19. Yes, spurs can be trimmed by a vet or someone with the right clippers or saw and who know how far back to go to avoid bleeding. My barred rock had weird spurs as straight and as thick as pencils that grew inward, each aiming at the other leg. He was always stumbling and tripping when they grew to be about three inches long. The vet had to saw them back to a safe distance with appropriate medicated sealer.

    • I’ve had to trim Siouxsie’s spurs because they got too long. (I’ve written a blog post about how to trim spurs.) But, they aren’t removed altogether and a violent roo can do damage, long sharp spurs or not.

  20. How about naming them after great scientists? The two grey Andalusians could be Pierre and Marie Curie, the dark one could be Caroline Herschel because she has stars on her head, and other choices could be Jane Goodall, Ada Byron (Steve might appreciate Ada), Barbara McClintock, Rachel Carson, Lise Meitner, Rosalind Franklin, Irene Joilot-Curie, Elizabeth Blackwell (Lizzie), Emilie du Chatelet, Dorothy Hodgkin, Maria Meyer, or Mary Anning. Now that’s a group of smart chicks!

  21. Delurking to tell you I love the sight, though we have no chickens, and am compulsive about keeping tabs on the goings on at your brilliant place. As for names, how about a few Greek Goddesses? Calliope, Hera, Nike & Aphrodite? Hardly original, but kind of cute! I agree that Mr. Grumpy needs a new name to improve his prospects!

  22. Roosters do make a very good early warning system for earthquakes! Our previously-mentioned barred rock who was kept in a darkened place overnight because of crowing, awakened us here in the Pasadena area on October 1, 1987 at 2 a.m. and at 5 a.m. before our major Whittier Quake at about 7:30 a.m. Once outside in the yard, he’d leap in the air with fear and dance around with every aftershock. “The sky is falling” in reverse.

  23. Call me old fashioned, but I like the first theme Terry had going… just plain old fashioned girl names. I like Alice & Amelia Andalusian, and Mabel Marans. For Mr. Grumpy’s name change, maybe August? or Rhett?

  24. White hen :Miranda
    Black hen:Inky
    Speckled hen:Brenda
    Hope these names help :)
    P.S. I noticed Pip’s butt in that picture ;)

    • Sunshine, on my shoulder, makes me happy…lalalala

  25. I’d name them Dapple, Swan & Star. As for roo’s I no longer live on a farm. I live at the edge of town in a neighborhood. My neighbor HAD 3 roo’s and a hen. The roo’s tried to attack me and the neighborhood kids daily. He’s free ranging them all over the neighborhood. The hen was in such bad condition she could barely walk. A few weeks ago he allowed the roo’s to fight in the driveway. Not something we all enjoyed on Sunday morning. One roo died, one is crippled. The “winner” disappeared. Now he has a new box of chicks. Some people should not be allowed to have any animals. Because of budget the animal police are no more. Roosters do not belong in a neighborhood. At one time I had 40 hens and would never have a rooster. They are dangerous in my opinion.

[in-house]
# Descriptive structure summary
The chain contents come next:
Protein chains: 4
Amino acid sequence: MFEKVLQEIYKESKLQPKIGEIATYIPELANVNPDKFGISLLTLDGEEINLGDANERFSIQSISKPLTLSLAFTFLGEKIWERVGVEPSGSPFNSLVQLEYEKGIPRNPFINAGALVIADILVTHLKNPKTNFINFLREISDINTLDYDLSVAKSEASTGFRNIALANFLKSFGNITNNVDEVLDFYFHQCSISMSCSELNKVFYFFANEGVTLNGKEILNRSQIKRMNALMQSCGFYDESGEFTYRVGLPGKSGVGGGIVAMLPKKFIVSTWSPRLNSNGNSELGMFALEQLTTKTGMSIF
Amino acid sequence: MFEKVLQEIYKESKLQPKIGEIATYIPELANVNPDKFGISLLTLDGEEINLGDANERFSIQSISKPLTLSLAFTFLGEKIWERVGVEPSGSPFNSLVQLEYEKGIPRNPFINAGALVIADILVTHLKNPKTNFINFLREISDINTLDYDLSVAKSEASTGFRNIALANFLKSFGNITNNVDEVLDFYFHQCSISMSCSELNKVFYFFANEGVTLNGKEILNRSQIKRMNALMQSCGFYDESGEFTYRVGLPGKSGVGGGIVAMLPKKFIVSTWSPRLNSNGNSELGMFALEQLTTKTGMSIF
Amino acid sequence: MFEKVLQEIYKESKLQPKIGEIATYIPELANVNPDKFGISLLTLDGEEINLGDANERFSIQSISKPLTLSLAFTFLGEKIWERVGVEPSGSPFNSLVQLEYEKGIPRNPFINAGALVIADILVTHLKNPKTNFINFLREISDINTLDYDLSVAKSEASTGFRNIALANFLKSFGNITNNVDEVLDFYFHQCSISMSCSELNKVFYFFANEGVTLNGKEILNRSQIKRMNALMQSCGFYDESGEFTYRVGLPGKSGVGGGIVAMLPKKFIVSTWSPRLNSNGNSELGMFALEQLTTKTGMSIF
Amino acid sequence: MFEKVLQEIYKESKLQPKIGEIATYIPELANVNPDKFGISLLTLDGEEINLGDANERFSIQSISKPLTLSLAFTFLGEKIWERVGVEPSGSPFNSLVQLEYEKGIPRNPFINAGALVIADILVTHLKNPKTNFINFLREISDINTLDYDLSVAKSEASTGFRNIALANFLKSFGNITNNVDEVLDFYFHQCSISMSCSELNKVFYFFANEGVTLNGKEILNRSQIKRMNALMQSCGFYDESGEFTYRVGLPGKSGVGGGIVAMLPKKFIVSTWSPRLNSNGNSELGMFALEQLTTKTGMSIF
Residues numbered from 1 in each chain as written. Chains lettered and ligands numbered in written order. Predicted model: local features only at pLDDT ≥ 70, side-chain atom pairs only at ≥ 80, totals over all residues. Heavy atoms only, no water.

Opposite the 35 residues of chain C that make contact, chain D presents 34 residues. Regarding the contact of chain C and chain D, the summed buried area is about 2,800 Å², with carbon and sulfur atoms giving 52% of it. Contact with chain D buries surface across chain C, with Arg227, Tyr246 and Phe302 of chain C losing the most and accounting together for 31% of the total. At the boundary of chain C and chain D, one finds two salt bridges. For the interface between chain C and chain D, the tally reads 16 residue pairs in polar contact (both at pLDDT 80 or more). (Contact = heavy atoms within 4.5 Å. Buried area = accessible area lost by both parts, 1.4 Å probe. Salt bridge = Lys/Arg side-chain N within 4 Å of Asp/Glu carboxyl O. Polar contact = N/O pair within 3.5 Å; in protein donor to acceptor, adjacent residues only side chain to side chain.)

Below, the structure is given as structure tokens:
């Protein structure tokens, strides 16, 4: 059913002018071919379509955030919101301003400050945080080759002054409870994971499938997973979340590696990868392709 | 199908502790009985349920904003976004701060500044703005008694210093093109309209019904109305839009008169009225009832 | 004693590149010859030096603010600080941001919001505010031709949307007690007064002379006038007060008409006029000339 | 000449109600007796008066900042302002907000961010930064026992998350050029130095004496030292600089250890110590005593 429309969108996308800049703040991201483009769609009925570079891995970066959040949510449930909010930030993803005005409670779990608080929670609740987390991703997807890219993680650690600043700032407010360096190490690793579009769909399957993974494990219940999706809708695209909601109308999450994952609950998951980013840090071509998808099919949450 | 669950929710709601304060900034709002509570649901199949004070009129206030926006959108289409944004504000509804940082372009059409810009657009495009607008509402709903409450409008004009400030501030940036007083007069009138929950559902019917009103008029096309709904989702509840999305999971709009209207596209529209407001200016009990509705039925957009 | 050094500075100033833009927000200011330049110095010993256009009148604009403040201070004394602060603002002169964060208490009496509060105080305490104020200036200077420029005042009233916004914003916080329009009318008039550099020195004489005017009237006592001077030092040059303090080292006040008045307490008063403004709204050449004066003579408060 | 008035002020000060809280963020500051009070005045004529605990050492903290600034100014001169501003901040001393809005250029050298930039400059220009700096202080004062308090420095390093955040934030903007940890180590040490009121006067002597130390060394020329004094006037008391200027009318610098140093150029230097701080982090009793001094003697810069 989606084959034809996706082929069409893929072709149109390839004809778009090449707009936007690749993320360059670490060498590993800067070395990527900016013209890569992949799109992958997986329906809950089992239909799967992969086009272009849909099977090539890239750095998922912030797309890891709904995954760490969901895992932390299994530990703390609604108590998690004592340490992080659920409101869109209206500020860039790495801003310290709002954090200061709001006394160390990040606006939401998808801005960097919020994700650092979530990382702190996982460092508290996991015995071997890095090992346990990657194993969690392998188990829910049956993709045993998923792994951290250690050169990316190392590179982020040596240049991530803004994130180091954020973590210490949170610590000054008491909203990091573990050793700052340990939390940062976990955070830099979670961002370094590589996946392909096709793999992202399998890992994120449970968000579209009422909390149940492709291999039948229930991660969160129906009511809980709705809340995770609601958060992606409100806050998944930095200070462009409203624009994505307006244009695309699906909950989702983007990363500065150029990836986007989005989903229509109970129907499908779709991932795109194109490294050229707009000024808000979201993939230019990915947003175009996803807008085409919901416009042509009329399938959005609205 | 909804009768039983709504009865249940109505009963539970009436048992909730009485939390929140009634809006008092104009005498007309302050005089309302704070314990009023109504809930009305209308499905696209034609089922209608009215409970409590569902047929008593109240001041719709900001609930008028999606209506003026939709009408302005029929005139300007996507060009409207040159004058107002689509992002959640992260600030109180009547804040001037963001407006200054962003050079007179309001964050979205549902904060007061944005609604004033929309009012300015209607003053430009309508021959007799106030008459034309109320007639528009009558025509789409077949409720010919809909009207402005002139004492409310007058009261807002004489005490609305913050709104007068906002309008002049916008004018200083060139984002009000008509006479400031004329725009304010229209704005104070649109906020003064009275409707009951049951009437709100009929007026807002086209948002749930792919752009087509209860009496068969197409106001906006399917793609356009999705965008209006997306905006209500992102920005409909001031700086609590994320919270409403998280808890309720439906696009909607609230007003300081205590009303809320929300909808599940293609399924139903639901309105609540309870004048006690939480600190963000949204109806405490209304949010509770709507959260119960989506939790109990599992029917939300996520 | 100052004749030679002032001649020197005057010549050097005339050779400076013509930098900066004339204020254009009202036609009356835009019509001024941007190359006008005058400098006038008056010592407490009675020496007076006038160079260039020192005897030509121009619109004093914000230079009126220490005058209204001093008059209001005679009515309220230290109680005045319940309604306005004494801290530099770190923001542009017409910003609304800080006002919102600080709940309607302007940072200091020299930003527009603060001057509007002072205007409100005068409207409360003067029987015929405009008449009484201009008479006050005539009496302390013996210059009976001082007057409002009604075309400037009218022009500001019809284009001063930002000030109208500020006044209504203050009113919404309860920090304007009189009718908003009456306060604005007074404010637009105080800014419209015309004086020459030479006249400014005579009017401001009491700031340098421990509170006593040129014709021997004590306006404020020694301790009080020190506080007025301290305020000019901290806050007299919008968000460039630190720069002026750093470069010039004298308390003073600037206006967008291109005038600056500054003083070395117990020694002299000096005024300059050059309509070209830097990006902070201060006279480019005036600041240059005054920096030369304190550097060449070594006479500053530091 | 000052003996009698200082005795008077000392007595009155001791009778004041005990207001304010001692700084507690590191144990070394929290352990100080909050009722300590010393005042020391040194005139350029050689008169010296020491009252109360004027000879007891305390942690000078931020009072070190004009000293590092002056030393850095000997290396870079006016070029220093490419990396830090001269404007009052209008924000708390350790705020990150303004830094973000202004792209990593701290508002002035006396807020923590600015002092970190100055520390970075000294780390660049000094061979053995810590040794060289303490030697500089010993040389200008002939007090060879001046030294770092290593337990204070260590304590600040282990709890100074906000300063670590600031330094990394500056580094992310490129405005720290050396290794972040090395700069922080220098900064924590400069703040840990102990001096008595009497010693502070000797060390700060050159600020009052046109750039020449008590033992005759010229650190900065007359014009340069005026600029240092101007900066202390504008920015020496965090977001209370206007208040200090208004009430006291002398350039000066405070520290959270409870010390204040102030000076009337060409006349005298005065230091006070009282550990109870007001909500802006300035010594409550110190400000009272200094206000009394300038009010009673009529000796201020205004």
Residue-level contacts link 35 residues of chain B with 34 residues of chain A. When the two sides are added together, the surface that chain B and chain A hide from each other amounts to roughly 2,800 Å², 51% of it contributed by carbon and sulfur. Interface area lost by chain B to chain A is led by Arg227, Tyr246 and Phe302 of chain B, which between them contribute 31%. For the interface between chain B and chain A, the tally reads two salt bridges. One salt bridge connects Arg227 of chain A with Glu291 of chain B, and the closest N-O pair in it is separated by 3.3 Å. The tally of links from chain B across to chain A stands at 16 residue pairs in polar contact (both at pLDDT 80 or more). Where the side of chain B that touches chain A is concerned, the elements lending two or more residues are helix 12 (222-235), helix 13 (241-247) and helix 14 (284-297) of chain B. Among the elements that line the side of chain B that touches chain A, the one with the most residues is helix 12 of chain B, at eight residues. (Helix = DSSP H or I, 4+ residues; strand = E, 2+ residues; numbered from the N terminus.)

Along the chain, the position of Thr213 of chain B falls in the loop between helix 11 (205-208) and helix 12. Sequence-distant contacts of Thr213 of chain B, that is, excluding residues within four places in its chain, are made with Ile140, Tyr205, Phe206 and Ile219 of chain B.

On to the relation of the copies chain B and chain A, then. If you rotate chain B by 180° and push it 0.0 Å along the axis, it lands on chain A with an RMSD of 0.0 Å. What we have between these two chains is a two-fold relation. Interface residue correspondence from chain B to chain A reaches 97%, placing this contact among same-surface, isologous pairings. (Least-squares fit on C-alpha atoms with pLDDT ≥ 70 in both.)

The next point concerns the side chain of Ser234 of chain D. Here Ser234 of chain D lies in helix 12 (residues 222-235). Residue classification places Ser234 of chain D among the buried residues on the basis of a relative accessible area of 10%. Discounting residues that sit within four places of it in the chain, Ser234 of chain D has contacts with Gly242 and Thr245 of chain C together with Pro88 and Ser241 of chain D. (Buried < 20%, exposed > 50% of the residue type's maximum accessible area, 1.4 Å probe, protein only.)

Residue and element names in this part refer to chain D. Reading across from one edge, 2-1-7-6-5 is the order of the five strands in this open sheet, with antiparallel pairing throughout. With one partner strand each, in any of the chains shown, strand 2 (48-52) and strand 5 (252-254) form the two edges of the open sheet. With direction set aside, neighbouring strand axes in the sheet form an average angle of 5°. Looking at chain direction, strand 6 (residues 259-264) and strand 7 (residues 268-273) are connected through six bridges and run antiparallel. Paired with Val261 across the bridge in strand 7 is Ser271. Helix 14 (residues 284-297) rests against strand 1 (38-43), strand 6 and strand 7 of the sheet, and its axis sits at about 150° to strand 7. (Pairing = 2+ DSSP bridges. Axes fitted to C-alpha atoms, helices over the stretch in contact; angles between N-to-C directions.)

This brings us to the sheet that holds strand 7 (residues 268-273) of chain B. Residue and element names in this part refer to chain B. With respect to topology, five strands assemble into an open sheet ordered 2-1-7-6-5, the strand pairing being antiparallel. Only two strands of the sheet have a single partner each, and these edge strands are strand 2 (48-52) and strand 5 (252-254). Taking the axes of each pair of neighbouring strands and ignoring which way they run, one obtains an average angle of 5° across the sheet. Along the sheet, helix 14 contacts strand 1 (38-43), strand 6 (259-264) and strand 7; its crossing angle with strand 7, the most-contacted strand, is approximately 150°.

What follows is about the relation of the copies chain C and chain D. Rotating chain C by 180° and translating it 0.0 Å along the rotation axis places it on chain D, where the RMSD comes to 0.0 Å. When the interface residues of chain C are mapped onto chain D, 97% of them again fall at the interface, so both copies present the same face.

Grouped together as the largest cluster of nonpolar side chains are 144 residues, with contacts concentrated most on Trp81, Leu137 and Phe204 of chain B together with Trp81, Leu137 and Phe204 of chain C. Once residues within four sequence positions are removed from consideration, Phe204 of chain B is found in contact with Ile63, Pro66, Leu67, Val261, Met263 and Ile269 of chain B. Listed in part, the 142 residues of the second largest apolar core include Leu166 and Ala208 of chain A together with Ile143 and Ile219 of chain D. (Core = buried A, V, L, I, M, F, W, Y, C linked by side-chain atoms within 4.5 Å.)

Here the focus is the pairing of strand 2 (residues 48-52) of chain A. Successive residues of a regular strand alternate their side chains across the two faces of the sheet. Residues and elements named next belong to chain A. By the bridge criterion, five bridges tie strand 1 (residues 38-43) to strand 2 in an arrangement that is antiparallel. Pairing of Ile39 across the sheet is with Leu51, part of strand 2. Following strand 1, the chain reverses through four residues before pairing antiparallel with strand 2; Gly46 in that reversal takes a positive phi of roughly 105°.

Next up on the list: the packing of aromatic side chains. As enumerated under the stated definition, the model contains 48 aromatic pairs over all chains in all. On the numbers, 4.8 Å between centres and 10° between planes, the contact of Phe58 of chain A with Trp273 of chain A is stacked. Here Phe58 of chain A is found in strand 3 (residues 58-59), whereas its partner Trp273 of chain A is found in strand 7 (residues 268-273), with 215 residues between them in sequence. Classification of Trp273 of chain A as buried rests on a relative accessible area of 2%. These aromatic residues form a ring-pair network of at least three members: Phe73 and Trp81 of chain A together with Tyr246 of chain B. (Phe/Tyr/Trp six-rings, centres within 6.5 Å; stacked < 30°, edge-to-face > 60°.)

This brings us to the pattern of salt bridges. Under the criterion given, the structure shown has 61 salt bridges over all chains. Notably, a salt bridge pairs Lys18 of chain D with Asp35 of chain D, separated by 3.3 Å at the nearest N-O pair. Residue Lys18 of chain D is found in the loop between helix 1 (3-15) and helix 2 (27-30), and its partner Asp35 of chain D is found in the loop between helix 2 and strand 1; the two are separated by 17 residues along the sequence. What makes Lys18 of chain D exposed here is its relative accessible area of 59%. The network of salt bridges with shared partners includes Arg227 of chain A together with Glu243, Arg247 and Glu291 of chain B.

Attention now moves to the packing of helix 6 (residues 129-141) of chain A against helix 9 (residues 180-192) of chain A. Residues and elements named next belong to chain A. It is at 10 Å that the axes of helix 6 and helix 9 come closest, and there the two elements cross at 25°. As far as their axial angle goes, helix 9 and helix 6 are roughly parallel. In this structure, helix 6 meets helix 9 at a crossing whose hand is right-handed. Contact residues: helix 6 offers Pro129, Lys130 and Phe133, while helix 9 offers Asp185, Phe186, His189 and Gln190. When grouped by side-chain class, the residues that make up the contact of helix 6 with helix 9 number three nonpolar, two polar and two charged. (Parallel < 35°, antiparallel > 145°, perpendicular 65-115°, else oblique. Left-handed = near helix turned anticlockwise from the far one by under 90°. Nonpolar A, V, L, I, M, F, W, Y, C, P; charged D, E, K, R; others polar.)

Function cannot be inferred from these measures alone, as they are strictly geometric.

• That’s terrible, I think if that happened in Vermont……they would mysteriously disappear!

    • I’d thought of that :) When I do school visits, I encourage the children to draw imaginary flock of their own, and to name the hens after favorite book characters, like Eloise, and Pippi. There’s always someone in the group that thinks that Captain Underpants would be a good chicken name!

  26. How bout cookies for names. Chocolate Chip, Peanut Butter, Snickerdoodle, Oreo, Sugar, Pizzelle, Pinwheel, Spice, etc.

  27. So jealous that your chicks are 8 weeks and still waiting to be named. My children find it absolutely necessary to name the chicks practically the moment they see them. Granted, some names stick and some have to be renamed due to personality and temperament:) “Fluffball” does not well describe a chicken for very long!

    Dying to find Cuckoo Marans locally.

    Lovely post as always.

  28. How about great women ARE a GREAT woman author after all??? Charlotte? Bronte? Jane? Margaret?

  29. I love our Cuckoo Marans, Terry. Besides the great chocolate eggs, she really has a great temperament. If I sit among the hens, she always jumps up on my leg and hangs out preening and chirping. Great pictures of all of your birds!

  30. Those first two pictures remind me of salt and pepper shakers…Ha! particularly the second one. I guess you could name those two Salt and Pepper. :)